Link Posted: 11/30/2023 6:57:17 PM EDT
[#38]
Link Posted: 12/2/2023 11:59:11 PM EDT
[#39]
@juslernin

Always good to see these topics come up, thanks for posting... Redundancy is good...
Link Posted: 12/21/2023 7:39:52 PM EDT
[#40]
Discussion ForumsJump to Quoted PostQuote History
Originally Posted By L_JE:
Bit of an update on the above....

1. When my old med kit drove off in someone else's car last year, I replaced a lot of stuff with generics.  The generic Nyquil was ineffective when I handed it out to someone in a refuge up in the Alps.  Maybe a higher dosage would have worked, but that ship has sailed.  Going from 2000 feet to 12000 feet in tens of minutes, immediately booting out with sustained activity, followed by an impromptu 2 night extension on what was supposed to be a day climb ... that'll play hell with your sinuses and such.

2. The Vick's Vapor Rub that normally stays in my Part 2 of my backcountry kit (the multiday extension of my basic kit, Part 1) ... well, the Vick's has now earned it's spot in my Part 1, one-day, basic kit.  Owing to the abovementioned unplanned overnights at elevation.  I moved it into my Part 1 basic kit as soon as we got down, and when we went back up on the Italian side for another climb, that stuff was heaven-sent for nighttime use.

2(a) I put stuff like Vick's Vapor Rub, and hand sanitizer in small, snack size ZipLock bags to save on weight.  These things will only last about 6 months in those ziplocks before all the high vapor pressure stuff bleeds out of the bag, so plan accordingly if you are using non-standard packaging ideas like that - and also realize it's probably a linear decay to the near-worthless state at that six-month point.

2(b) Also understand the implications for aromatics when you are in higher activity/danger bear areas.

3. Hand sanitizer.  I forgot to list that in the original list, but it's something that goes in with, and then separated out from, the basic day kit.  Not getting people sick is easier than dealing with them when they are sick.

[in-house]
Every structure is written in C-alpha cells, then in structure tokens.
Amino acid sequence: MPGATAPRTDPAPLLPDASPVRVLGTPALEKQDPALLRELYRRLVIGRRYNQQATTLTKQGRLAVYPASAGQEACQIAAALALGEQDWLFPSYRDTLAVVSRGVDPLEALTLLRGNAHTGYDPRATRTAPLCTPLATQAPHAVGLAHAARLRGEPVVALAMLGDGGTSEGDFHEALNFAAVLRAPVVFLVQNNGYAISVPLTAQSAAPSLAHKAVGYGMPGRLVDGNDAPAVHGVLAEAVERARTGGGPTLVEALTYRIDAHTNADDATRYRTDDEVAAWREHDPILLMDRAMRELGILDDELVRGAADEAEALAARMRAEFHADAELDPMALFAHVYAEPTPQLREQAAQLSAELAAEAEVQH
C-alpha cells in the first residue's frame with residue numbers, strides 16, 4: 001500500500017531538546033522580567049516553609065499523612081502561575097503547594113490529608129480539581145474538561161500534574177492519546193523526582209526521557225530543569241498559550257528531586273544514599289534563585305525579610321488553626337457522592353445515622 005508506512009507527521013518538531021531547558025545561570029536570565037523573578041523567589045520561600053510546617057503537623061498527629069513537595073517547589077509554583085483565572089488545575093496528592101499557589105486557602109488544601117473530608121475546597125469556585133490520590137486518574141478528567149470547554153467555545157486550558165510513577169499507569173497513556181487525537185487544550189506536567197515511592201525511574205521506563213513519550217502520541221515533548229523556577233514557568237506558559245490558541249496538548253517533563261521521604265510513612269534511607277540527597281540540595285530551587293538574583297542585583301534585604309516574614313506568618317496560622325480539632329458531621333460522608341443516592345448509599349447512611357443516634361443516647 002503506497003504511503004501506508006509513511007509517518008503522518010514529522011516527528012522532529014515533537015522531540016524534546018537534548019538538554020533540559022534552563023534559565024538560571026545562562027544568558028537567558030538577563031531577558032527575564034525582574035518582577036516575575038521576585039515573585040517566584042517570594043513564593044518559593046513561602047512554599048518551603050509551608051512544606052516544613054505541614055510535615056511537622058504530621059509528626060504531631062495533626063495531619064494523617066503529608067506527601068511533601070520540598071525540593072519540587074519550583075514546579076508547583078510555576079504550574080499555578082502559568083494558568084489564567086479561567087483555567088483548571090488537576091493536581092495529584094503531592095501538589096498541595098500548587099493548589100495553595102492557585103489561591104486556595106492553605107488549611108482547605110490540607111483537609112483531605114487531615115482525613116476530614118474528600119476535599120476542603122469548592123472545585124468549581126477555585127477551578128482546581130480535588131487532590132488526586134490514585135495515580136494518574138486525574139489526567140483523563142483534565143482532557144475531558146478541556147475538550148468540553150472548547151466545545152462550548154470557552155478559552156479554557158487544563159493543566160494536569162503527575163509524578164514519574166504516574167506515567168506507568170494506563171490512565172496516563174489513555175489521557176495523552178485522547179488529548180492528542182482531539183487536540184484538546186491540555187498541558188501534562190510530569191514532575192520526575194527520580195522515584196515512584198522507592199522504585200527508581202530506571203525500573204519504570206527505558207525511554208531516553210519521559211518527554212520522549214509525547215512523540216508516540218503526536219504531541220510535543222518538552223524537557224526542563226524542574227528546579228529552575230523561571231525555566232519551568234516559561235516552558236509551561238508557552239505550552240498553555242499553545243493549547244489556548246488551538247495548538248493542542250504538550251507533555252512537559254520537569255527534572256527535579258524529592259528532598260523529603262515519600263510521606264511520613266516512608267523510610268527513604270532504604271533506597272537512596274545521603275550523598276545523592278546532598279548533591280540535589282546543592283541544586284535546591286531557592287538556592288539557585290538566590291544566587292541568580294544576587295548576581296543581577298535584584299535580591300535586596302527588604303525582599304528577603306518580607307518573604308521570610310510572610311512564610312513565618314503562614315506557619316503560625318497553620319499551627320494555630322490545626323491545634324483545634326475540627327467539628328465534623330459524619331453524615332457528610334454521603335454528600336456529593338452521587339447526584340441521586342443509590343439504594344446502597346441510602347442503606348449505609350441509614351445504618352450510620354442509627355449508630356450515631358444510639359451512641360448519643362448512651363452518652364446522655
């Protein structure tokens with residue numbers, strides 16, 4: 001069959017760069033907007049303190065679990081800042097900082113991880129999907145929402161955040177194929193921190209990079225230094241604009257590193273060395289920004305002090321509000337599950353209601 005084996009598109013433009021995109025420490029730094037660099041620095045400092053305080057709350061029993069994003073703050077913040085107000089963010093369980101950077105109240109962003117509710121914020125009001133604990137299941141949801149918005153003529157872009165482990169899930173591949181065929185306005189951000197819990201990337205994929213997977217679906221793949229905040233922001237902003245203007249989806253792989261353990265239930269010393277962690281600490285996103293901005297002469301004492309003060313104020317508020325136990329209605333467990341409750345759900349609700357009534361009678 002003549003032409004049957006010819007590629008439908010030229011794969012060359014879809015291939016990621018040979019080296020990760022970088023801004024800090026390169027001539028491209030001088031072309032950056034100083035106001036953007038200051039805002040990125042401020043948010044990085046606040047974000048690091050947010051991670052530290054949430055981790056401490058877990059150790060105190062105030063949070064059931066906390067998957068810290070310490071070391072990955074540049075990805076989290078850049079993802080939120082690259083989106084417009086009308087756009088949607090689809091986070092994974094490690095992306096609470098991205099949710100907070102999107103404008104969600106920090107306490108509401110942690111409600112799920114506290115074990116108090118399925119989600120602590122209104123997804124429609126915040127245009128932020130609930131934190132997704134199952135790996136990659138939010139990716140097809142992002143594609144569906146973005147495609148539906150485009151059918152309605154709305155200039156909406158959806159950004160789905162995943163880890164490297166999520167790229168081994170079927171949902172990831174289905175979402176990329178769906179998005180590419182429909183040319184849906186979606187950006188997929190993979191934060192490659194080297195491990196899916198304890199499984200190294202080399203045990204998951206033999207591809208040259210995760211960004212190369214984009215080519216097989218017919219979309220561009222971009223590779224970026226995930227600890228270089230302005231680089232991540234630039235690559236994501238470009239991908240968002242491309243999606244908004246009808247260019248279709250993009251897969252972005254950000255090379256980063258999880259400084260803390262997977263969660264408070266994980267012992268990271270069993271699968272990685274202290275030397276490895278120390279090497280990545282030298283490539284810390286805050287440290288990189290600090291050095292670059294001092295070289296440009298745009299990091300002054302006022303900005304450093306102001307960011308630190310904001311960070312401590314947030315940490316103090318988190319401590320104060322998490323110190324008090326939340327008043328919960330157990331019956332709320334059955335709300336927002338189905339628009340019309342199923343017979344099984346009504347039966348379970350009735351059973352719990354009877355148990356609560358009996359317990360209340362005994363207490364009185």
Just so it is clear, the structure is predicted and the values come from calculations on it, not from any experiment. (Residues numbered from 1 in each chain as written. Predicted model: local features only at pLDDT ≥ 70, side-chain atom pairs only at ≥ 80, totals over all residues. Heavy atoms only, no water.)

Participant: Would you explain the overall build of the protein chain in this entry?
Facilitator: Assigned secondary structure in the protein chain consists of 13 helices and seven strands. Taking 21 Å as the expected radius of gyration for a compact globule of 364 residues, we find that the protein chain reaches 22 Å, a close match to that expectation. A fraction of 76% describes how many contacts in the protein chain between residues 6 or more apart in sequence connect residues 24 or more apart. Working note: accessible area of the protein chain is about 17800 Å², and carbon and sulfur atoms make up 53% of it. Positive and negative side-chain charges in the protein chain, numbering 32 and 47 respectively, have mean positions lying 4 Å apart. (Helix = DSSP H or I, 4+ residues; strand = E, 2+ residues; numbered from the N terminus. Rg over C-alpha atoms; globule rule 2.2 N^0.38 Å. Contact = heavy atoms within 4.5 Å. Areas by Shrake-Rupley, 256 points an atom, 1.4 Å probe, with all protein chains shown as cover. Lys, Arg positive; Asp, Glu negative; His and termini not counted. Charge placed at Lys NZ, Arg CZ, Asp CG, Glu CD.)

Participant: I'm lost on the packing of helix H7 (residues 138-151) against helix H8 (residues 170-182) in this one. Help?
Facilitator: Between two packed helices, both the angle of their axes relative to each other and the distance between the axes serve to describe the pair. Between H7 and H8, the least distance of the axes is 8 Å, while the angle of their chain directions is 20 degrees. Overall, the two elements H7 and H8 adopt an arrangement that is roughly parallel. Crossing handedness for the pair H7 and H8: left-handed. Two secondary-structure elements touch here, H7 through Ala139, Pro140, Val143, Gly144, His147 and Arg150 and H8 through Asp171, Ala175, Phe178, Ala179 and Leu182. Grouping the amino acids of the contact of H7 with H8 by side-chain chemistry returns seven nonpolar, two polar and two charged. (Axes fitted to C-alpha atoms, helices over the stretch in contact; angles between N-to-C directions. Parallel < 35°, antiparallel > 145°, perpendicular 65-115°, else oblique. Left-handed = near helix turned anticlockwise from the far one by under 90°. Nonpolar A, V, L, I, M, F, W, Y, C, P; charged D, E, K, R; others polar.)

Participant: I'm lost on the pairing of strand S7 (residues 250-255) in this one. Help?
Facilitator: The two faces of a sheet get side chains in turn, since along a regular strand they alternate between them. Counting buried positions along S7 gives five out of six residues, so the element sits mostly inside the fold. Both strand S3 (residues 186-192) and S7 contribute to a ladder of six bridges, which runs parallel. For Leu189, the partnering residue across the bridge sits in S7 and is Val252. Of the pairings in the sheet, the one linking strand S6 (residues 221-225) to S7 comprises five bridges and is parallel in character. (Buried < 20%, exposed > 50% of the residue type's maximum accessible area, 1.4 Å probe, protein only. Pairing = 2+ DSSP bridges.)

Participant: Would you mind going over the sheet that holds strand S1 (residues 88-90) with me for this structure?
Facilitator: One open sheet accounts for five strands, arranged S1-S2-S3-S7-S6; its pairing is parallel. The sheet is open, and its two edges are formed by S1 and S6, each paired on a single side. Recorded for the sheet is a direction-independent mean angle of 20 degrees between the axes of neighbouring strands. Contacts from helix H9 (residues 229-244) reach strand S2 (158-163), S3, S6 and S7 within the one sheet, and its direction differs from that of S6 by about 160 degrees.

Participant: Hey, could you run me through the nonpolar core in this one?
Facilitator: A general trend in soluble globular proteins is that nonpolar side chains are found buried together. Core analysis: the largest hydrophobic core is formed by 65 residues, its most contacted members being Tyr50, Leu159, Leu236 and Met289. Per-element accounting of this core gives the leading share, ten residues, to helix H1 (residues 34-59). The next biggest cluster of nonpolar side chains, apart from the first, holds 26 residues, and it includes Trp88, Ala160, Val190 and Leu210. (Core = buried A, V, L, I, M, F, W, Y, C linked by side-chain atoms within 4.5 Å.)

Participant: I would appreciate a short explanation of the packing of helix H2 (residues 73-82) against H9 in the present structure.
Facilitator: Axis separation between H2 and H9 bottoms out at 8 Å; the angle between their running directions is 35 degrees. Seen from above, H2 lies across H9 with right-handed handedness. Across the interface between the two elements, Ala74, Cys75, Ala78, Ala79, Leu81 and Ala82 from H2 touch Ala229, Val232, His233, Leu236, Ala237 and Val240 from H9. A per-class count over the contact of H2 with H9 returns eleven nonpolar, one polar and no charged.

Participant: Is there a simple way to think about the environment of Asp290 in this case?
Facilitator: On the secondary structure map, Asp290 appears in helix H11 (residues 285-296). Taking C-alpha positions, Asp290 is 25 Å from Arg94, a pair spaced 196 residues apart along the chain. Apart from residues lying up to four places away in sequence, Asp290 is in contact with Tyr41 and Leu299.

View Quote

When you say that, do you mean you pour it out of the bottles they come in and into the snack bags?
Link Posted: 12/22/2023 8:20:41 PM EDT
[#41]
Discussion ForumsJump to Quoted PostQuote History
Originally Posted By Naffenea:

When you say that, do you mean you pour it out of the bottles they come in and into the snack bags?
View Quote
Yeah.  It may sound silly, but I do it for reasons of weight, form factor, and divisibility.

I double up on the ziplocks.  The snack bags are pretty light duty.

But, in doing so, the stuff does become more perishable.  I burn through stuff enough, though, that it's not that much more to keep up with.

In a perfect world, everyone's got his own stuff. But, reality is that some stuff needs to be divided and tossed around to either your own partner, or others you meet along the way.


Link Posted: 12/22/2023 8:32:13 PM EDT
[#42]
Tag
Link Posted: 12/22/2023 8:38:13 PM EDT
[#43]
Discussion ForumsJump to Quoted PostQuote History
Originally Posted By JCoop:
I am quite allergic to Cipro. It gives me intensely painful tendonitis. I would not be happy to discover that somebody gave me Cipro. So yeah, administering anything oral can be problematic.
View Quote